When I was a senior at Loyola Academy in Chicago, I had the gnawing suspicion that God was calling me to the priesthood. I hated the idea. On our senior retreat I told a friend of mine what I was thinking and he immediately said, “That’s great. You’ll be a Jesuit, won’t you?” I was as quick to reply that I preferred my own car and golf clubs. I didn’t go for that poverty business. But my friend did get me thinking.
Later that year I went in to see my friend, the senior class counselor, Fr. Doug Pearl, and told him I couldn’t decide between the diocesan seminary and the Jesuits. I said, “Since I really don’t want either one of them, just sign me up for the Jesuits.” He replied, “If that’s the way you feel, forget the whole thing. Go to college for two years and after that if you still want to become a Jesuit, come to see me,” the best advice I ever received. I left his office dancing on air. “I tried to sign up, God, and they said ‘no.’ Now it’s not my fault!!”
I went to Georgetown and only lasted one year. Sometime during that year a priest died. He was Fr. John Smith (of all things!), and I had known him as the director of the Sodality at the University. He was laid out in his priestly vestments in Dahlgren Chapel there on the campus and when I passed by to pray before his casket, I got my vocation. I thought, “When all is said and done, that’s the way I want to die.”
By the time I came back to Chicago during Easter break of that first year, I wanted to be a Jesuit so bad I could taste it. It was a completely different experience from what had happened in my senior year of high school. At that time I felt pressured to become a priest; after my Georgetown experience, it came from me, from within. It was as though my vocation needed one more year to mature. Fr. Pearl was wise enough to see that it simply wasn’t time yet when I was still in high school.
During the three or four days I was home for Easter, I drove down to the Jesuit Residence on Lake Shore campus, where the Academy used to be, and asked to see Fr. Pearl. He was the one I knew and the one that knew me. He was the one who told me to come back after two years so he was the one I wanted to speak with. The person at the front door said that Fr. Pearl was not at home but was hospitalized in Evanston. I was devastated. Here I was ready to give my life away to the Jesuits, but I couldn’t find the person I wanted to tell about it and I was only going to be in Chicago for a few days. In my dejection I got back in the car and drove out north on Sheridan Road, not really having an alternate plan in mind. As I waited for the red light to change on one of the cross streets, I looked over at the cars waiting for the same light to come south. I saw Fr. Pearl seated in one of those cars. The light changed, I did a U-turn and followed him back to the Jesuit house. When I caught up with him, he told me he was only going to be home for a couple of hours and then had to go back to the hospital. In those few hours he set up all the interviews and took care of all the paperwork I had to do to become a Jesuit. I never saw him again.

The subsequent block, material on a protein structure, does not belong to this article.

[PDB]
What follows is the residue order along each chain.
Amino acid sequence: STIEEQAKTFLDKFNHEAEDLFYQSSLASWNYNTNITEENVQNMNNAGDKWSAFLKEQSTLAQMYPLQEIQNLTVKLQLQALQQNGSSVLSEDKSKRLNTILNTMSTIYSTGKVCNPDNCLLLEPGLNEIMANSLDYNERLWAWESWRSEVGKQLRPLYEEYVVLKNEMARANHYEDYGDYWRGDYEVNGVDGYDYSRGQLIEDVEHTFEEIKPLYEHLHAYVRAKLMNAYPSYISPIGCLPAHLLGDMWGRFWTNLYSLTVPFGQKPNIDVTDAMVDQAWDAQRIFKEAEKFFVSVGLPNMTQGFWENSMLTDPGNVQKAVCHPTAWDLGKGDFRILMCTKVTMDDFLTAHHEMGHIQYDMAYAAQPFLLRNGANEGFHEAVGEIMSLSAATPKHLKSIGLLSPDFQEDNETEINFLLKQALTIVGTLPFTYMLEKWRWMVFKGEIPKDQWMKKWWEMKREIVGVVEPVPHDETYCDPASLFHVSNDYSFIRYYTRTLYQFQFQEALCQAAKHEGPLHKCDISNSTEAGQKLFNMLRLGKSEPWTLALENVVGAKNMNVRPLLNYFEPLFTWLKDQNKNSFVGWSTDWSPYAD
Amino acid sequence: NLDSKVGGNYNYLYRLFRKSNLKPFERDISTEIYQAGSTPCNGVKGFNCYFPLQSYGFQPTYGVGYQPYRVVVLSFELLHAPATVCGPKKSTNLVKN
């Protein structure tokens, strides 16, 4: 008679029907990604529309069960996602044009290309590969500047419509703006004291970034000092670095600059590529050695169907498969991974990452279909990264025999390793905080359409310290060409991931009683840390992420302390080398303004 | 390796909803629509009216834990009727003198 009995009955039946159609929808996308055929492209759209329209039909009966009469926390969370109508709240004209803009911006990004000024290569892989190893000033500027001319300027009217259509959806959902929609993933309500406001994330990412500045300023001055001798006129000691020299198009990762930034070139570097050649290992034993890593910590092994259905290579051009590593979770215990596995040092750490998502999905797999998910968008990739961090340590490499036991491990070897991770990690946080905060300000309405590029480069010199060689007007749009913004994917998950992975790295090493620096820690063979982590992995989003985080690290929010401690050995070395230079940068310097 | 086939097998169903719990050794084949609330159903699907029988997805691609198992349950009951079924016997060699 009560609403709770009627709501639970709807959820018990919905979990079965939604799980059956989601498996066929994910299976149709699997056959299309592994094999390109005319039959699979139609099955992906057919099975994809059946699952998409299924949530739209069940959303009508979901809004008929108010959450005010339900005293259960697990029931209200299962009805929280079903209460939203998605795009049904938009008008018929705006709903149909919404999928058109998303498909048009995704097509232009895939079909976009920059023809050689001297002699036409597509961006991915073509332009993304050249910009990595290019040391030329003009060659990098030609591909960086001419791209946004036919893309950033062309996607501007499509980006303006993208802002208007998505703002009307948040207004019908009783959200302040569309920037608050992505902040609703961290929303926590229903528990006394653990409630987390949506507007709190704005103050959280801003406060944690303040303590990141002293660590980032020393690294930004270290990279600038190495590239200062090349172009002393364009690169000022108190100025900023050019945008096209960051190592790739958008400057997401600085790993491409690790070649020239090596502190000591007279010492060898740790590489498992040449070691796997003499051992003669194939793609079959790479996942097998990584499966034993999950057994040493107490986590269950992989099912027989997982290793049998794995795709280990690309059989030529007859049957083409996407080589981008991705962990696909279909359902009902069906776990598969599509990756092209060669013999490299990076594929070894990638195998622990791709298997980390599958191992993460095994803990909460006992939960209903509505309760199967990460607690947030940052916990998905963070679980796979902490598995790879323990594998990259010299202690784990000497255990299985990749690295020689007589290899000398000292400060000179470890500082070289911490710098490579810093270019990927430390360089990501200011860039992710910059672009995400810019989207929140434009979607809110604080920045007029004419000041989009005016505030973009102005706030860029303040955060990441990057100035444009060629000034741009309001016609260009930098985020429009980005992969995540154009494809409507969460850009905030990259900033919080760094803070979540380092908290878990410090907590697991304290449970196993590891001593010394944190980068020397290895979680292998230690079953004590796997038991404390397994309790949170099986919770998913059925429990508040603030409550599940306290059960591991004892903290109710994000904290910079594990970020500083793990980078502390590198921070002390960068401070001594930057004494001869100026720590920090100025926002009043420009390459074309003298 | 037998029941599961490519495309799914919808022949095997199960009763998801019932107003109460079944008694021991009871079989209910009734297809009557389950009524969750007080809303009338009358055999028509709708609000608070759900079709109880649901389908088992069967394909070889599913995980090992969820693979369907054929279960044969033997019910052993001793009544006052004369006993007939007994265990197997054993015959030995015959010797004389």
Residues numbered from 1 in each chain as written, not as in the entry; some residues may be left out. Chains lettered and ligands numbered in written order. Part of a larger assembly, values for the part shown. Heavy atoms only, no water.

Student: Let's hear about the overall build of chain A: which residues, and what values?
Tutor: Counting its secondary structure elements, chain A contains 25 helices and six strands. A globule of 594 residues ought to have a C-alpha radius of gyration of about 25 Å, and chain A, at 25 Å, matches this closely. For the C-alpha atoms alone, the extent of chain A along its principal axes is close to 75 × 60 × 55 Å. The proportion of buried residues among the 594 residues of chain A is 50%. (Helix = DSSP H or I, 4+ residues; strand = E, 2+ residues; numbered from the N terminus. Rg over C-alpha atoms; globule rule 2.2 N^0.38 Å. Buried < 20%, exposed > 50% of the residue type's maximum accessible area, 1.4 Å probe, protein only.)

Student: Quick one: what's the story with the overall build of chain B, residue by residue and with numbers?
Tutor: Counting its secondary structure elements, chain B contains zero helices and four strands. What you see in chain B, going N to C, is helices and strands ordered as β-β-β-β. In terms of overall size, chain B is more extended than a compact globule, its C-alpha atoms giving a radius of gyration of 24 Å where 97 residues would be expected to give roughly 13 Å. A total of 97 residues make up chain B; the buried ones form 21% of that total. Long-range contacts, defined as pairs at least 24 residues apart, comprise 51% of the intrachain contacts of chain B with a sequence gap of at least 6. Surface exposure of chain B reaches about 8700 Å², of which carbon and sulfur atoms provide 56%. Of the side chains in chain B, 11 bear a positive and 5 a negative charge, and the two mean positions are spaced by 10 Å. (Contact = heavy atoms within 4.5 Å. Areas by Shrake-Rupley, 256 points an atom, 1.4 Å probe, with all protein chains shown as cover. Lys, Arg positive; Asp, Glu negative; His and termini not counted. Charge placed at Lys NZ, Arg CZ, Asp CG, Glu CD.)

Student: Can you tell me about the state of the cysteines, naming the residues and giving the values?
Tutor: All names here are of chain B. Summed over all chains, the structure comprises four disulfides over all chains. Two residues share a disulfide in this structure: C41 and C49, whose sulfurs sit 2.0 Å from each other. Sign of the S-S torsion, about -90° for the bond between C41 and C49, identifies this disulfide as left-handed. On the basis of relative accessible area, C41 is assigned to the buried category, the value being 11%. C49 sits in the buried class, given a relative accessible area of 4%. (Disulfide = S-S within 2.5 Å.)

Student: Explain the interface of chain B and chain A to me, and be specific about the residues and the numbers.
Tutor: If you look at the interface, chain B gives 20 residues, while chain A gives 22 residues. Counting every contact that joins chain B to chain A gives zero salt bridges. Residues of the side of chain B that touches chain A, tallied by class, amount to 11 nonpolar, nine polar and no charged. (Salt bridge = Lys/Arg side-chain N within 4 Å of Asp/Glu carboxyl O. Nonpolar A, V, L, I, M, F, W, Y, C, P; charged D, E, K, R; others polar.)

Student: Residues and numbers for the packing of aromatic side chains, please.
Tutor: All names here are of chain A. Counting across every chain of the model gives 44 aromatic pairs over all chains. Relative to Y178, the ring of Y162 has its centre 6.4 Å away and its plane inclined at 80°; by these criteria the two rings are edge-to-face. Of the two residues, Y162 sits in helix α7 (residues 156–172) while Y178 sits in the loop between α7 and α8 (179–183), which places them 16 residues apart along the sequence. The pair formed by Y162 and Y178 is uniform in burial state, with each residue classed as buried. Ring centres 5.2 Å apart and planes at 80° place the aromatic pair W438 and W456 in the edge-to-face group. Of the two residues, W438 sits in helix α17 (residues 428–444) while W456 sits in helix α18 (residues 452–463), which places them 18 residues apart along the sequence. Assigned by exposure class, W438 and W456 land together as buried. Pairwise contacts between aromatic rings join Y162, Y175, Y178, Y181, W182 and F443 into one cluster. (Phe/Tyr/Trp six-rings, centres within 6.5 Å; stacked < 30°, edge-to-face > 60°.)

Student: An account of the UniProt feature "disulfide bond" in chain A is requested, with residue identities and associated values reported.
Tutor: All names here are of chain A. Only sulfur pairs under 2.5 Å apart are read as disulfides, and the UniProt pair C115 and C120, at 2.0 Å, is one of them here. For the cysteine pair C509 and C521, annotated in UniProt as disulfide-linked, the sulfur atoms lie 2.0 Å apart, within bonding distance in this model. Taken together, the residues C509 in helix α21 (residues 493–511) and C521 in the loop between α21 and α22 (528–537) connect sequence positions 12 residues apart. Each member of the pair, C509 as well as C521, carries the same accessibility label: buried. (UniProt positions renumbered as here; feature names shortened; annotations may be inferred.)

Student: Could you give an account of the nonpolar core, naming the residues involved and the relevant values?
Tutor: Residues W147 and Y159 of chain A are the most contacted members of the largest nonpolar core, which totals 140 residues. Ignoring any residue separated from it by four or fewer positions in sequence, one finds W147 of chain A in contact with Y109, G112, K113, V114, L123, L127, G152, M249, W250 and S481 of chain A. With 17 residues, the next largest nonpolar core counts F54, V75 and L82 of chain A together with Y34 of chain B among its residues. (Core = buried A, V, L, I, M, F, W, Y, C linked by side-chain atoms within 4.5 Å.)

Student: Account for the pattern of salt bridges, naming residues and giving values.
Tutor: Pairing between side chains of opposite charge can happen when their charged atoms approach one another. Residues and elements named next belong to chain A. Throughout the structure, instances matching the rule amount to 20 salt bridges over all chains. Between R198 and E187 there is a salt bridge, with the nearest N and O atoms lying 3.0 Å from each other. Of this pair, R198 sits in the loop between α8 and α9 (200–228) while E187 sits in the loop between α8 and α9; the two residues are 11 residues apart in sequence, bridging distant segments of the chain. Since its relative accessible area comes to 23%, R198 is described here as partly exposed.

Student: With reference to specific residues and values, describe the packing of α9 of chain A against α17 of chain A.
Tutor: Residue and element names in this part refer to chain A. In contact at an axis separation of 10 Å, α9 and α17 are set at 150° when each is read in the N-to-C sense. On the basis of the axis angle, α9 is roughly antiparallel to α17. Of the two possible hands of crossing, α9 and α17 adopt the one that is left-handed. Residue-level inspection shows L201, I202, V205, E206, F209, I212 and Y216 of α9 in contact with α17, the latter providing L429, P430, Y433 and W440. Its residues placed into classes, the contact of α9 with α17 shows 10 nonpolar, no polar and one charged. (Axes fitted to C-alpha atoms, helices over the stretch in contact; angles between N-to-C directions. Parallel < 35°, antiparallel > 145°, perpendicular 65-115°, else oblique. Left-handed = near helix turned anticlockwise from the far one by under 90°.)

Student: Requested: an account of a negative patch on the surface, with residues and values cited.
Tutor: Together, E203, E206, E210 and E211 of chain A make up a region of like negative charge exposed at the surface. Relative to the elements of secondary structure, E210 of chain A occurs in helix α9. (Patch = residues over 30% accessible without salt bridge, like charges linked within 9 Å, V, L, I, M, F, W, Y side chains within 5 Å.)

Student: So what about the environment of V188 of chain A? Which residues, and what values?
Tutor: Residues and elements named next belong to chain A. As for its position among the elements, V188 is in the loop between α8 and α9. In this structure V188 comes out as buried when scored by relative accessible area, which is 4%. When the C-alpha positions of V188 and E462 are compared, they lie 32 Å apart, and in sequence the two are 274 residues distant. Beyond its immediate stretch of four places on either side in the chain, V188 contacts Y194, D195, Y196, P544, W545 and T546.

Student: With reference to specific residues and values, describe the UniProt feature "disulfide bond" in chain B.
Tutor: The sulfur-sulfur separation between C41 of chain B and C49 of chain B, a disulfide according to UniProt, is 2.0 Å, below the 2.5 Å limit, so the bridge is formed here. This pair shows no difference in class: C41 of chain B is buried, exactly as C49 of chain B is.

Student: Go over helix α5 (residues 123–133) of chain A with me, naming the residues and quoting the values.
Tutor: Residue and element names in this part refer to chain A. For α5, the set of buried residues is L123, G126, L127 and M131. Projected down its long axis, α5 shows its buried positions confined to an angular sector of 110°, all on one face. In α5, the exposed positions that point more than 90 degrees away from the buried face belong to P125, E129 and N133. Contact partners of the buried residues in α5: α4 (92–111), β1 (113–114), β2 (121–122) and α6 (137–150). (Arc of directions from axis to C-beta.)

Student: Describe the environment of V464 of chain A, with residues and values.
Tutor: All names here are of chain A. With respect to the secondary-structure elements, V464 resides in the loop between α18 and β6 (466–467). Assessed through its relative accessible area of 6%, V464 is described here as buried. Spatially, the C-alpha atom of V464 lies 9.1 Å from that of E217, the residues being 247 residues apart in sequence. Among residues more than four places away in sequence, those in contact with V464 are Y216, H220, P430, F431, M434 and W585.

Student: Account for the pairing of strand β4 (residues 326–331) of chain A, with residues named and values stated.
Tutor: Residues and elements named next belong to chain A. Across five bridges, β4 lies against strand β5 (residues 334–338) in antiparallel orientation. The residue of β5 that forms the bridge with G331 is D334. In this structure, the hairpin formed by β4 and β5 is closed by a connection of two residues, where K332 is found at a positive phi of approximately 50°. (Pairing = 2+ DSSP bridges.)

That following summer I entered the novitiate and got down to the business of being a Jesuit. One day I was making a visit in the community chapel and I looked down on the pew in front of me and there was a memorial card for Fr. John Smith. It was as though he were looking up at me with a wink saying, “Hah, I got ya!” He was a priest in the Maryland Province and here I was in the chapel of the Chicago Province novitiate in Milford, Ohio. I certainly would not call it incredible but at least it’s pretty darn coincidental!
I was relieved that I had so many classmates who entered with the desire of going to “the missions,” because I didn’t really want to go anywhere. During our annual retreat in our second year of philosophy, in a burst of availability I wrote to the Provincial telling him I was ready to go abroad if needed, but not that I particularly wanted to! I heard back from him, thanking me for my offer and telling me he would keep my letter on file. A year later, just when we were preparing to go to our first apostolic assignment called regency, I wrote again repeating my offer, just reminding him once again that I was available, if not chomping at the bit to go to another country. This time I heard by return mail that I should get a physical exam to see if I was ready to go to Peru, since the Chicago Province was opening a mission there in response to Pope John XXIII’s request that North American religious send ten percent of their personnel to Latin America. It was the beginning of a sort of religious invasion of gringos to that continent. I spent the next 34 years there.
By this time I had spent more time in Peru than in the United States. There was no reason to even think about returning to the United States, nor did I want to. Then one day the Chicago Provincial asked if I would ever consider coming back because he wanted to do something in education for the Hispanic community. I said if that was what the Society wanted, I had no reason to say no.
It certainly is true that God works in surprises. First I did not want to be a priest; then I fought against being a Jesuit; as a Jesuit I never wanted to leave this country to work; and finally when I was growing old in Peru I had no desire to come back to the U.S. I can honestly say that all through my life God has been where I never expected to find him.
So here I am, at the Network, waiting for the next surprise, and very, very happy to be here.
Contact me at email@example.com or 312-784-7203.